The 12th Century Intruders' Attitude to Maeshowe

Research output: Contribution to conferencePaper


I will invite you to an exploration of the attitude displayed by the group who entered Maeshowe in the 1150s. What did mound breaking mean in the 12th century? Is it significant that some of the intruders seem not to have been local residents? Which beliefs did the group hold about the mound? The presentation will use saga accounts of mound breaking and folklore material to discuss the Maeshowe inscriptions, especially Or Barnes 4, 8, 25, 26, 27, 28 (treasure story), Or Barnes 14, 24 (Jerusalem travellers), Or Barnes 20 (Gauk Trandilsson’s axe), and Or Barnes 23 (Loðbrók’s sons).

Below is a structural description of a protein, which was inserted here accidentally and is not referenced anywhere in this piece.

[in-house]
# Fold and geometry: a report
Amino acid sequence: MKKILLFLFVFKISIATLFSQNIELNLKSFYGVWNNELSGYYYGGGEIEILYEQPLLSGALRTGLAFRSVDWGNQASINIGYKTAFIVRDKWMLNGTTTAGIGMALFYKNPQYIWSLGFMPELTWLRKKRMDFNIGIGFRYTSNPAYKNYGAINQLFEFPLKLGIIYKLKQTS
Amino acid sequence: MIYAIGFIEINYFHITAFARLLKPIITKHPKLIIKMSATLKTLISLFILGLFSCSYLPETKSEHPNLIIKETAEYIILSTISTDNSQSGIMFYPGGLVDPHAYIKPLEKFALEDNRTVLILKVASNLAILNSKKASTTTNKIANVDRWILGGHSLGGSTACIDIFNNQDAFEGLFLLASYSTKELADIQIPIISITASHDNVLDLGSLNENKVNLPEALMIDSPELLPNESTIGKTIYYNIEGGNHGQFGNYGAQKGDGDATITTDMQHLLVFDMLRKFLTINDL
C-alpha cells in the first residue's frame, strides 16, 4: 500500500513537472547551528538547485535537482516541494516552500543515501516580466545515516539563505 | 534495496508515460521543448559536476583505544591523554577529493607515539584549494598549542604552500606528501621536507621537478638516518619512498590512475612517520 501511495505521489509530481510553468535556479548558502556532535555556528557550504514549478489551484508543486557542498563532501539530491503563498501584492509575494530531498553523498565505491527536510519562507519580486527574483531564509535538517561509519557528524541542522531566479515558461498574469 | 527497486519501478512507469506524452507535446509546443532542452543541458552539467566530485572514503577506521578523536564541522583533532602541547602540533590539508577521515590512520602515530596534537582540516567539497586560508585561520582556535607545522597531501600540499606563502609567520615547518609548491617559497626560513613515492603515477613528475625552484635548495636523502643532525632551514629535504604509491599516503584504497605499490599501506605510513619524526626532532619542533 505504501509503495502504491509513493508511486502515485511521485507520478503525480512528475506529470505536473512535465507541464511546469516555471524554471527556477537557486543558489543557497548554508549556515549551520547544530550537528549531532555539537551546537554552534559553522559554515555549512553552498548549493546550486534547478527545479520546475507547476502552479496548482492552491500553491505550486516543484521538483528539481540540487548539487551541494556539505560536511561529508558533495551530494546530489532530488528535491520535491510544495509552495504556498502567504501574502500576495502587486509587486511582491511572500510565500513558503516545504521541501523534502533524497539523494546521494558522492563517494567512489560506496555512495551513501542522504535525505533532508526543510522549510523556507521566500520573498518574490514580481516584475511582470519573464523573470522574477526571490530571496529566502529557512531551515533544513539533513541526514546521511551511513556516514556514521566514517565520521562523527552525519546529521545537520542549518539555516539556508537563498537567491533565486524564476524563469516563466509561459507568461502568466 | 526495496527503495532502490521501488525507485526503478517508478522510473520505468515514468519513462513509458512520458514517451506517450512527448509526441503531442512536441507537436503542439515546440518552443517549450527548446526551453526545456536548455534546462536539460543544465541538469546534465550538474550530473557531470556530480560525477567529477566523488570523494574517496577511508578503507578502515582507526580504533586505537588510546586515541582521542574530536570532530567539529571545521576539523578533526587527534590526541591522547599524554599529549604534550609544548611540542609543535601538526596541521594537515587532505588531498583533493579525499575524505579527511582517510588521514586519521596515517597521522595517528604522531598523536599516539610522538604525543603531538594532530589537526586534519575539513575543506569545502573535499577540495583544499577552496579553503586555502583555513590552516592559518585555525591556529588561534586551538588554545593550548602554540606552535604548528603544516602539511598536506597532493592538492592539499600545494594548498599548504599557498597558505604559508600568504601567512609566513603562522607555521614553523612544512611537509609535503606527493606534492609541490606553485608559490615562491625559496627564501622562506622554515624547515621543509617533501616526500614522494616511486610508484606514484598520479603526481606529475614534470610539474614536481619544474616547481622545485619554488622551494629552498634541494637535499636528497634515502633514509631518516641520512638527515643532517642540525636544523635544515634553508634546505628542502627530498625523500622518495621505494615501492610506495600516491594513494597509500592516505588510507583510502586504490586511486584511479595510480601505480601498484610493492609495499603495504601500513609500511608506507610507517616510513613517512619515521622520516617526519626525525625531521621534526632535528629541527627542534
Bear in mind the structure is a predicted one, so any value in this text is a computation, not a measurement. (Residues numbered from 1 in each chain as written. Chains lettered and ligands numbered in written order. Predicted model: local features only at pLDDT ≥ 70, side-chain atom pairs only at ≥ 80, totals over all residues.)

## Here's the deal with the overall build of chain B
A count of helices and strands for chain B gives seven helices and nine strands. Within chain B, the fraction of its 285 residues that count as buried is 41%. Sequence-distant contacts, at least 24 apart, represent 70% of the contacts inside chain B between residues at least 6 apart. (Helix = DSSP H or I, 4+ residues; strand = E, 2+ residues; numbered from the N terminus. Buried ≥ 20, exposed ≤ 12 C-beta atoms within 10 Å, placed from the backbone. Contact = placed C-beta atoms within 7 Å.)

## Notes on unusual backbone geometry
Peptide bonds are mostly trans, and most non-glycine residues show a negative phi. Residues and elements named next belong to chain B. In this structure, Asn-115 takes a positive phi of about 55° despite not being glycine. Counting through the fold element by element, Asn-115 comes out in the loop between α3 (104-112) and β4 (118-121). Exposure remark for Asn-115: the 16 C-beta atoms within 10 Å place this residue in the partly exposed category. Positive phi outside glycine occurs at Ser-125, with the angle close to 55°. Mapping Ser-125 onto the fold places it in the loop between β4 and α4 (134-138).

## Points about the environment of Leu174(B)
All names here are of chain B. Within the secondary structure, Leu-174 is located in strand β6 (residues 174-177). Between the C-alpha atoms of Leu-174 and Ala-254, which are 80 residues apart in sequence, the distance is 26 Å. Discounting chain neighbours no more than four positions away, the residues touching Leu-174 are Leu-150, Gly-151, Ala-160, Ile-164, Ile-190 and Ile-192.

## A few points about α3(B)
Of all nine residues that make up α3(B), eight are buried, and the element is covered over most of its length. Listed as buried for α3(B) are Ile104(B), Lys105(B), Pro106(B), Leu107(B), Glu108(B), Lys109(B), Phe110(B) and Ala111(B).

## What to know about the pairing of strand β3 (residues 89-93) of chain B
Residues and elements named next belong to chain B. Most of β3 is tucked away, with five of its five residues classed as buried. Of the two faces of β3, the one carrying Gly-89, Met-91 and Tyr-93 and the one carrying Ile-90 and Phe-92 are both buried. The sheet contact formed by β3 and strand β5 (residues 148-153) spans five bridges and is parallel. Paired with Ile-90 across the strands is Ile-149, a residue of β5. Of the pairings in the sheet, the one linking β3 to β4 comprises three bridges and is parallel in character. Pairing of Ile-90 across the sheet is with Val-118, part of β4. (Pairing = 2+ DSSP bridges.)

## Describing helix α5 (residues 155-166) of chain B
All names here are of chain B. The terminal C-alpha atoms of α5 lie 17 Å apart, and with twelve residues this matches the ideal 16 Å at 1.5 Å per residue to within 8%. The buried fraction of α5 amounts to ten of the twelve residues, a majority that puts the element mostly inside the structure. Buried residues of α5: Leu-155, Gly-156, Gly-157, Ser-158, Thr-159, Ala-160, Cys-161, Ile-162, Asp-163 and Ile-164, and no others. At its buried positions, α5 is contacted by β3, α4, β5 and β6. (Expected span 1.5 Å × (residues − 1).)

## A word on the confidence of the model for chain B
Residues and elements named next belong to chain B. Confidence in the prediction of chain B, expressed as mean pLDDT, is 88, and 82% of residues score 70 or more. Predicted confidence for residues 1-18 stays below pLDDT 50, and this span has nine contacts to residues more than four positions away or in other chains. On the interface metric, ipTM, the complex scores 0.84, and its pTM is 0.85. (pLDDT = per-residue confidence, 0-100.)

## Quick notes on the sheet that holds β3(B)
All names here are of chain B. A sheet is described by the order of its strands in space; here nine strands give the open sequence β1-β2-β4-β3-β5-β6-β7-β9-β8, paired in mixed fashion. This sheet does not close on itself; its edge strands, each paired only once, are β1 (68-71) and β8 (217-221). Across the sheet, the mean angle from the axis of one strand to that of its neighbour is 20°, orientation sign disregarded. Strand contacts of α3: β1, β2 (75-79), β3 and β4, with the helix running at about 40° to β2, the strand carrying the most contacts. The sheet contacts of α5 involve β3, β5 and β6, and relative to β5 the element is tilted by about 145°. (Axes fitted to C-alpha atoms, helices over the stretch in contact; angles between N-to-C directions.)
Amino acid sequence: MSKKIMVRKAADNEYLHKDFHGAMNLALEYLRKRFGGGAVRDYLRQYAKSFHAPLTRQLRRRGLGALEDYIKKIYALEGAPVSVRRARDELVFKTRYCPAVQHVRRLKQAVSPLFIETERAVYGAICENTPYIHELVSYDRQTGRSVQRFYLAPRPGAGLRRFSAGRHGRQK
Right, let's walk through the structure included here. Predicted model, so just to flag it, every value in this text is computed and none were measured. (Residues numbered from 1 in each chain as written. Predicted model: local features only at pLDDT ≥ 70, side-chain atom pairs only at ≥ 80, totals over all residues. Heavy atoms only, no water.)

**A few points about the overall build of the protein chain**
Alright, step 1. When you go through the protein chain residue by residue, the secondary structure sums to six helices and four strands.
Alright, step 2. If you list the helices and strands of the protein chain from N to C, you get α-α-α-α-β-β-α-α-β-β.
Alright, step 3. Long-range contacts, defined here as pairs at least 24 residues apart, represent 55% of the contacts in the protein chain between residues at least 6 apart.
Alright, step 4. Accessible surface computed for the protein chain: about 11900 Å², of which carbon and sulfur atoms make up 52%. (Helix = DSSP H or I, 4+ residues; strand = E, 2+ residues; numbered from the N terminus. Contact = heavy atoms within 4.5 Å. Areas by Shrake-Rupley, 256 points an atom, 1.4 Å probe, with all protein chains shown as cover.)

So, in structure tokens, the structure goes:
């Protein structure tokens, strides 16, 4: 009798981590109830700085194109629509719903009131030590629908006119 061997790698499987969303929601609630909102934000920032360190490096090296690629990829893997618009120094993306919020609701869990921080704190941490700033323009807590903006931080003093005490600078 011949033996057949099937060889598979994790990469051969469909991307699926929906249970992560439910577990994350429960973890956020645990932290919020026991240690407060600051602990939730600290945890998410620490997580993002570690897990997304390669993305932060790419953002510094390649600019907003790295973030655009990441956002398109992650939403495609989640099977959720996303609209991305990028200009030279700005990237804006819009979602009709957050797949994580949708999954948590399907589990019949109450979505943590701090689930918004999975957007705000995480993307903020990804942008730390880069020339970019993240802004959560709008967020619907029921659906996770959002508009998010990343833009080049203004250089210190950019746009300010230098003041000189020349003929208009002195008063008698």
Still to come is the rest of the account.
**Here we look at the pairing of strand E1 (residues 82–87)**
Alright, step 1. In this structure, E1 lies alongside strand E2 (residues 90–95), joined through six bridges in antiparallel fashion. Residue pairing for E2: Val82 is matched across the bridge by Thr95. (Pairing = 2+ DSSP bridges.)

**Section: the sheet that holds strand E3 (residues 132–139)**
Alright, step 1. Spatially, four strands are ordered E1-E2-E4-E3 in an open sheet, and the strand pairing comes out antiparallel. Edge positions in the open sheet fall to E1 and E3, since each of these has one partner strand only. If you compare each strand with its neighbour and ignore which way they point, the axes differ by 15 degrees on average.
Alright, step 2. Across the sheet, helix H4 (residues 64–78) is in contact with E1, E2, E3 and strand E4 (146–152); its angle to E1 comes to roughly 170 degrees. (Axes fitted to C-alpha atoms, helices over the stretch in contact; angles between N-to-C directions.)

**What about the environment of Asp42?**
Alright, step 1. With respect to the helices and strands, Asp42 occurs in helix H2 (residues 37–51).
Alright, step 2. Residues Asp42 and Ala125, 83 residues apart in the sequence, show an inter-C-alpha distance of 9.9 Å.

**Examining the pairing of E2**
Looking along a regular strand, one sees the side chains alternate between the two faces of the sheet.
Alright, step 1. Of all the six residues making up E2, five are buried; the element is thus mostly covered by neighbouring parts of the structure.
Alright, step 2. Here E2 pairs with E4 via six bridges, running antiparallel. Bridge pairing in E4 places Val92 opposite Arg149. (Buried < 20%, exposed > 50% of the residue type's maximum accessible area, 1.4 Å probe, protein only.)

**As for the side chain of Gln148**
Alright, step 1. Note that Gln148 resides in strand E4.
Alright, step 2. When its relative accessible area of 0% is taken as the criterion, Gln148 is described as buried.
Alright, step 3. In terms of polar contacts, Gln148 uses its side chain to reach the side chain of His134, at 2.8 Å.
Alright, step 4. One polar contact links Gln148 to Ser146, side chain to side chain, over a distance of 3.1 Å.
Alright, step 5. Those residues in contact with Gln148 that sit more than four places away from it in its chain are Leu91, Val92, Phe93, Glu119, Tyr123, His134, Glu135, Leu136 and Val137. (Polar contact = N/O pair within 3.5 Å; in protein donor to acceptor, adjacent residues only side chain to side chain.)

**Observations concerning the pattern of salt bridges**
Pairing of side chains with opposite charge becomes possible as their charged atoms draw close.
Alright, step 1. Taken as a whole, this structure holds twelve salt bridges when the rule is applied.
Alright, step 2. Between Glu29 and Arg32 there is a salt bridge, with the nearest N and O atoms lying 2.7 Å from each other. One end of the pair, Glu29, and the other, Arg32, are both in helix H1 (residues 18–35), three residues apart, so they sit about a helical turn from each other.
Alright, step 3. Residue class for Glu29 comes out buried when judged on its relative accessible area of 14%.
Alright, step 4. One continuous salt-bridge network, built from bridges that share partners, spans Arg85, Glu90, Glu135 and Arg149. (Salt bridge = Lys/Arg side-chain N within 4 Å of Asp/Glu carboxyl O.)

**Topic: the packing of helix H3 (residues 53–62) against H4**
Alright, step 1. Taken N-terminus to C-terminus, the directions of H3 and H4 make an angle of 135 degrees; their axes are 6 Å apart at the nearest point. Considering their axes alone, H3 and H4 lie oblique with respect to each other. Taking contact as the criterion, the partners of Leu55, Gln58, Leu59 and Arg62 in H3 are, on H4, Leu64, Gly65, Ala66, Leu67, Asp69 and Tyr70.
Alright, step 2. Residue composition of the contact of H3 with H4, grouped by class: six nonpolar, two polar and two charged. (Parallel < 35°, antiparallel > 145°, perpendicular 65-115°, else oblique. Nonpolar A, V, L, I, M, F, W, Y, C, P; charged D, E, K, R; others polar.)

Original languageEnglish
Publication statusPublished - 22 May 2015
EventOrkney Rune Rede 9th full-day runic colloquium - St Magnus Centre, Kirkwall, United Kingdom
Duration: 21 May 201523 May 2015


ConferenceOrkney Rune Rede 9th full-day runic colloquium
Country/TerritoryUnited Kingdom


  • Runes
  • Runic inscriptions
  • Orkney
  • Old Norse
  • Maeshowe
  • Viking Age
  • Middle Ages


Dive into the research topics of 'The 12th Century Intruders' Attitude to Maeshowe'. Together they form a unique fingerprint.

Cite this